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New Austerlitz Radio Dramatization

Fiction Factory Austerlitz

On Sunday December 16, 2012, BBC Radio 3 will broadcast a new radio dramatization (or dramatisation, for those in the UK) of W.G. Sebald’s novel Austerlitz.  The 90-minute broadcast will begin at 20:30 GMT.  Here are the details, according to the BBC website:

Duration:1 hour, 30 minutes. First broadcast:Sunday 16 December 2012
W G Sebald’s masterpiece novel about remembering the Holocaust, in a new dramatisation for radio by Michael Butt. The narrator meets a quiet stranger in the Antwerp station cafe and he begins to confide an unsettling story of vanished identity – which travels through 1930s Czechosolovakia, the Kindertransport of Jewish children to Britain and adoption in Wales.

Sebald came to prominence in the 1990s as an acclaimed German writer, living in Britain, whose novels tackled many aspects of Germany’s confrontation with its traumatic wartime past. He died in 2001 at the height of his critical appreciation.

Austerlitz ….. James Fleet
Narrator ….. Stephen Greif
Elias ….. David Sibley
Margaret ….. Poppy Miller
Evan ….. Michael Elwyn
Agata ….. Morven Christie
Maximilian ….. Timothy Watson
Marie ….. Amanda Drew
Vera ….. Deborah Findlay
Young Vera ….. Emma Powell
Young Austerlitz ….. Dyfan Dwyvor
Child Austerlitz ….. Kalum Guest

Directed by John Taylor
A Fiction Factory Production.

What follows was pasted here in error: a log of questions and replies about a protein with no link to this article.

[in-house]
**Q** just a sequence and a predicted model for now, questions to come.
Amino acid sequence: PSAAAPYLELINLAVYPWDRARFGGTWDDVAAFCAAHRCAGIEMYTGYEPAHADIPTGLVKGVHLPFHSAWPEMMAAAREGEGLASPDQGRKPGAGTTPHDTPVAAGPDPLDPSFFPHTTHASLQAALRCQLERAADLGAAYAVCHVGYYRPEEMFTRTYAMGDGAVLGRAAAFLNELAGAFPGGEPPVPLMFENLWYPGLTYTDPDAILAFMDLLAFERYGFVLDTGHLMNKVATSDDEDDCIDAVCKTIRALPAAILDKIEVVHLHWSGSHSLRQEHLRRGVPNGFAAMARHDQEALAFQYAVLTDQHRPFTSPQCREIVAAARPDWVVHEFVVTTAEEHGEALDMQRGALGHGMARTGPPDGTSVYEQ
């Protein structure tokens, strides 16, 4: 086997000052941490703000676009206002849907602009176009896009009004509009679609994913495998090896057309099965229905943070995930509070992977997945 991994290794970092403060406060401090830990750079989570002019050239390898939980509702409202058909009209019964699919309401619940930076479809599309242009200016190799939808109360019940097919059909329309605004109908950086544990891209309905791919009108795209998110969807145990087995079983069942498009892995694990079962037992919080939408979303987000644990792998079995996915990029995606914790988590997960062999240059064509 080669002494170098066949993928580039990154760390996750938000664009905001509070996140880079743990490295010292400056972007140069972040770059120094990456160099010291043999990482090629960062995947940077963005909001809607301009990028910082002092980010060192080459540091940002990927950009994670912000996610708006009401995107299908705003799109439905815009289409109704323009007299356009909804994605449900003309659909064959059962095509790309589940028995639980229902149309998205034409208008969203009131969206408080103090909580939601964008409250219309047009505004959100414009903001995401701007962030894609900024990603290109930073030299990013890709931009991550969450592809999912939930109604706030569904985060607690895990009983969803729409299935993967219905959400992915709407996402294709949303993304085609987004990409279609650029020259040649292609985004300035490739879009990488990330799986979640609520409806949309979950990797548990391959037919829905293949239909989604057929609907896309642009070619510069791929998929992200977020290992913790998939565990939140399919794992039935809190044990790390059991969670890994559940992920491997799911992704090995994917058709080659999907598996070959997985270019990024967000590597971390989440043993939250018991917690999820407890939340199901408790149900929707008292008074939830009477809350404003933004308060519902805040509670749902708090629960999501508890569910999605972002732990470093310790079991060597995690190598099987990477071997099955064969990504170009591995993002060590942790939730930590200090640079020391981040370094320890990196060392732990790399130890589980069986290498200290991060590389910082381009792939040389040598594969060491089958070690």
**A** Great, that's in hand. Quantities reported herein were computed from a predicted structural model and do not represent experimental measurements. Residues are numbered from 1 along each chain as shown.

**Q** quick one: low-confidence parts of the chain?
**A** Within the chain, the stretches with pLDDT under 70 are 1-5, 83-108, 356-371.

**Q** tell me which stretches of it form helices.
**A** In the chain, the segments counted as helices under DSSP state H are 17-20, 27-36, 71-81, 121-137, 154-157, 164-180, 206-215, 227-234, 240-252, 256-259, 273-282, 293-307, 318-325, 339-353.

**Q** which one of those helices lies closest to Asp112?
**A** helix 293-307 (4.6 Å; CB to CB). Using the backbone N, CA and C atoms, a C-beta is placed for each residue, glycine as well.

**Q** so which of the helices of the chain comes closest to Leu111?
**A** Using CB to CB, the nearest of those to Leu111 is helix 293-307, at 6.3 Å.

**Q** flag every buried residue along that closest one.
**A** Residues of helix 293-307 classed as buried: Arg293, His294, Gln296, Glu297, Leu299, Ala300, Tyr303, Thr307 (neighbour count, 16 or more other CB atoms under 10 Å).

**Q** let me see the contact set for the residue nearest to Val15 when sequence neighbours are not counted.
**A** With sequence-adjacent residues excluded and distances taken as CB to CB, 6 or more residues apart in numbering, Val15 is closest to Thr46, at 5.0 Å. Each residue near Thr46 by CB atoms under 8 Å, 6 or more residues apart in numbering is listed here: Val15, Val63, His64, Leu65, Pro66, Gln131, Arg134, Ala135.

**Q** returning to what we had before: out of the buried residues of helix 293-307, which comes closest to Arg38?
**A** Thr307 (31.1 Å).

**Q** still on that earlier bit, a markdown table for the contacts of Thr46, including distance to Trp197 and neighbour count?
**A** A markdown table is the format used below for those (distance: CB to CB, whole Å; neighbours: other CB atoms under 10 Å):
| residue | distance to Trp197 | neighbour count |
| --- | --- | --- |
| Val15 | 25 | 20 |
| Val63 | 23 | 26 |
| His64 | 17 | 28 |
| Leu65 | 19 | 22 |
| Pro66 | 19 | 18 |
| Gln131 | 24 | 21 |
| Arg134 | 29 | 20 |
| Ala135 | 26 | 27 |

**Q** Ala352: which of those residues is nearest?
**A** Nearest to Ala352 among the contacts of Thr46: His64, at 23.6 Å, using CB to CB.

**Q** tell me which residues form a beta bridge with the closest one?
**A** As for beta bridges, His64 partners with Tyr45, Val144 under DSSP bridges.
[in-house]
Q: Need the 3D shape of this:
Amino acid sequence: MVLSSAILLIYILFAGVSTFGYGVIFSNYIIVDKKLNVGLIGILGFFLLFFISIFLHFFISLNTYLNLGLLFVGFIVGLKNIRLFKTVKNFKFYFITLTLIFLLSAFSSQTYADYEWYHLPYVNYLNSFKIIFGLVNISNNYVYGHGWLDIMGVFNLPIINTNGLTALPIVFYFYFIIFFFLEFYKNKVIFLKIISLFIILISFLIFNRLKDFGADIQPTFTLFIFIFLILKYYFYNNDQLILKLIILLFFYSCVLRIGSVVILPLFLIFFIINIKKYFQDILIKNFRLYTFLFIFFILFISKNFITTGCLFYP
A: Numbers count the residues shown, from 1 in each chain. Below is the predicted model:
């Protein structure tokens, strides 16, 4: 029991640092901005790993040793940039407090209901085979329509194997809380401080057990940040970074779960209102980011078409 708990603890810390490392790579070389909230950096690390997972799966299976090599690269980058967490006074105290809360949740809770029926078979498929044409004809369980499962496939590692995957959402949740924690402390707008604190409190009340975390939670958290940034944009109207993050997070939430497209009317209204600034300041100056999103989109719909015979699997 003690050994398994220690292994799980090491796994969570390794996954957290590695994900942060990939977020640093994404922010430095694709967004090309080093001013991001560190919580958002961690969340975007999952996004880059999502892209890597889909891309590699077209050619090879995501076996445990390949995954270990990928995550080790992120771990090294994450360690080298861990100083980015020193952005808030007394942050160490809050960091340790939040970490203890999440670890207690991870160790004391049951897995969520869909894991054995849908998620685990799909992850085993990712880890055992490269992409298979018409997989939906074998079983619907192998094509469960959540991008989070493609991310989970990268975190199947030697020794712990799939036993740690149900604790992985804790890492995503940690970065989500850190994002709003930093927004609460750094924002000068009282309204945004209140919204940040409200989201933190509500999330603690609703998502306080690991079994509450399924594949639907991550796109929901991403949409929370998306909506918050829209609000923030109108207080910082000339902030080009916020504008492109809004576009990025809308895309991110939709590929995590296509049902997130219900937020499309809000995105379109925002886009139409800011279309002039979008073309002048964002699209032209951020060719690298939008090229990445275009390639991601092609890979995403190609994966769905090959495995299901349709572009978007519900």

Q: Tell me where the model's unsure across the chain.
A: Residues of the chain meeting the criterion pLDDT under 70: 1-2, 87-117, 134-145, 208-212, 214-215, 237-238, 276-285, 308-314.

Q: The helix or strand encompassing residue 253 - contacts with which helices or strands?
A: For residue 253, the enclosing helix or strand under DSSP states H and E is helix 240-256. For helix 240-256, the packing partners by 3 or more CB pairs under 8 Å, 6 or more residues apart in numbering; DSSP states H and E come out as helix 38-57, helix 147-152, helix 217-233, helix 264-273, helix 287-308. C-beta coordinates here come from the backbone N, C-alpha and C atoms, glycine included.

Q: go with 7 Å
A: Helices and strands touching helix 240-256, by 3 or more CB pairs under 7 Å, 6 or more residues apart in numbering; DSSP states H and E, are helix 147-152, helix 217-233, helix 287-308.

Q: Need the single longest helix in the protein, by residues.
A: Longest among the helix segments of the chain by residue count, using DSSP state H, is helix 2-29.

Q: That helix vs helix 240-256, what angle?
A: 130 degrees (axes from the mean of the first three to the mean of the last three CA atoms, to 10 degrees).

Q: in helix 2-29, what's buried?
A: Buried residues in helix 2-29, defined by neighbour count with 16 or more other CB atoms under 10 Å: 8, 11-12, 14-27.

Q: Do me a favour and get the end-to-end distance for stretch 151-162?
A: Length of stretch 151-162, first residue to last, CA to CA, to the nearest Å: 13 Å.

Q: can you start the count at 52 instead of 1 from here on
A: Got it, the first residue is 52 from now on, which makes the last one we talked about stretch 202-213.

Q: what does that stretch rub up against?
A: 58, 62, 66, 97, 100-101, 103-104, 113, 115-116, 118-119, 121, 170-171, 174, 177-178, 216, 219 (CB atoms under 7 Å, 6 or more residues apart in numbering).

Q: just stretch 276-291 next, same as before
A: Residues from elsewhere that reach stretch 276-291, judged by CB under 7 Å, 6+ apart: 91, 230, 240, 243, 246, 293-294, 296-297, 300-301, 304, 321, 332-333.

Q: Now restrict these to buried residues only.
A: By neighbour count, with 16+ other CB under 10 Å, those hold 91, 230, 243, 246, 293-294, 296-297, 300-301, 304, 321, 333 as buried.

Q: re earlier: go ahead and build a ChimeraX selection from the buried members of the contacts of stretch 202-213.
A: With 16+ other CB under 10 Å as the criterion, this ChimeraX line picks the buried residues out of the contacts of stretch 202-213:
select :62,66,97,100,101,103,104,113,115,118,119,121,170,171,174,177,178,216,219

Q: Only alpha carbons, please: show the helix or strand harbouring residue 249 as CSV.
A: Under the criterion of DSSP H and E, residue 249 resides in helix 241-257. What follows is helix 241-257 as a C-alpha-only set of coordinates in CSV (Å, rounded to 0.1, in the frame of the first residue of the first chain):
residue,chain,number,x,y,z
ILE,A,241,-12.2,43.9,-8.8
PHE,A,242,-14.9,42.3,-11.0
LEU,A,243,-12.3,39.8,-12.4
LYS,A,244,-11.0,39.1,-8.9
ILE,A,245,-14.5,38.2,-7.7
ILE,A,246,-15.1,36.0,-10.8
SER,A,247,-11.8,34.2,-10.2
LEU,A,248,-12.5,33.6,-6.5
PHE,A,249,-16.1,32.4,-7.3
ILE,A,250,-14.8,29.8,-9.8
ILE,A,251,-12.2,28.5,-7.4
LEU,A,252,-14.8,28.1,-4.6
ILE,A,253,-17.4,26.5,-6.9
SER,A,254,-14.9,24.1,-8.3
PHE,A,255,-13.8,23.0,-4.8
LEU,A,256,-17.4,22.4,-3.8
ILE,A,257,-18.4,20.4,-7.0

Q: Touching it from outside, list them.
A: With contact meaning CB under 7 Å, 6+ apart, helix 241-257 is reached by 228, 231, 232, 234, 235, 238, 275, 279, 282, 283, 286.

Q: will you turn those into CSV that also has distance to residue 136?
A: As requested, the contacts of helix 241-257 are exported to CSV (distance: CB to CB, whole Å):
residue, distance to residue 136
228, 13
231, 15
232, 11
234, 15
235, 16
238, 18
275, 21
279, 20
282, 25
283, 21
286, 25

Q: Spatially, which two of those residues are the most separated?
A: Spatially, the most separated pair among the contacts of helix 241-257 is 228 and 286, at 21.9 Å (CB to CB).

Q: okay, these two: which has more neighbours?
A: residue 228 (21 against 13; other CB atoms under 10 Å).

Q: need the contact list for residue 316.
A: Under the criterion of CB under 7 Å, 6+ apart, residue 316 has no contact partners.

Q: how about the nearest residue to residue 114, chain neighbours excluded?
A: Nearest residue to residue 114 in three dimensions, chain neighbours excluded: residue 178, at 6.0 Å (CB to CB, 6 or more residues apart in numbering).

13 Comments Post a comment
  1. James Cowan #

    Hello Terry,

    Just as Austerlitz’s meeting with the narrator in the East End is supposed to take place on the fictional date “Saturday March 19” [1997; actually a Wednesday], so your announcement of the BBC Austerlitz broadcast gives an equally fictional date, “Sunday December 16, 2013.” Very Sebaldian!

    Fortunately, the BBC announcement itself gives the correct date.

    Thanks for the notification. I’d love to hear the broadcast, but don’t know if it is available in the US.

    Keep up the good work!

    Jim Cowan, author of “W.G. Sebald’s Austerlitz and the Great Library: History, fiction, Memory,” Monatshefte, v.102, nos. 1 & 2 (2010)

    James L. Cowan Phone: 415-563-5089 1646 Grove Street Cell: 415-516-9625 San Francisco, CA 94117 email:

    December 13, 2012
    • Fixed! Thanks, James. It’s a good thing that I have several hundred editors and proof readers out there.



      December 13, 2012
  2. Damn! I’m away. Thank goodness for the BBC iPlayer!

    December 13, 2012
  3. Tomasz #

    Thank you for the notice.
    I listened to the entire broadcast. Of course, as every Sebaldian, I am absolutely for it, but as a literary critic and a philologue, I cannot help but notice certain ….. ehm…. ….. features of the text and the performance, which to my taste could have been done in a different, more effective way. The structure of the character of the narrator seems lacking the general and superior purpose. He reflects too little. The narrator’s questions expressed chiefly in the form of interrogative pronouns seem not only redundant, sometimes they irritate and perplex. And the soft, shattered and often effeminate voice of the main character Austerlitz. That character has been structured without his perceived-from-the-novel stronger and firmer personality of a man haunted and shattered by his past and the imagined past, but a man intelligent and refined enough to be decided, firmer and well-above-the-present. Well, in the play he is quite opposite of that. And the voice of the actor sound much younger than the novel’s / book’s character’s voice should have been. The actor sounds at the beginning of his early thirties, while Sebald’s character must have been approaching, or be, in his fifties.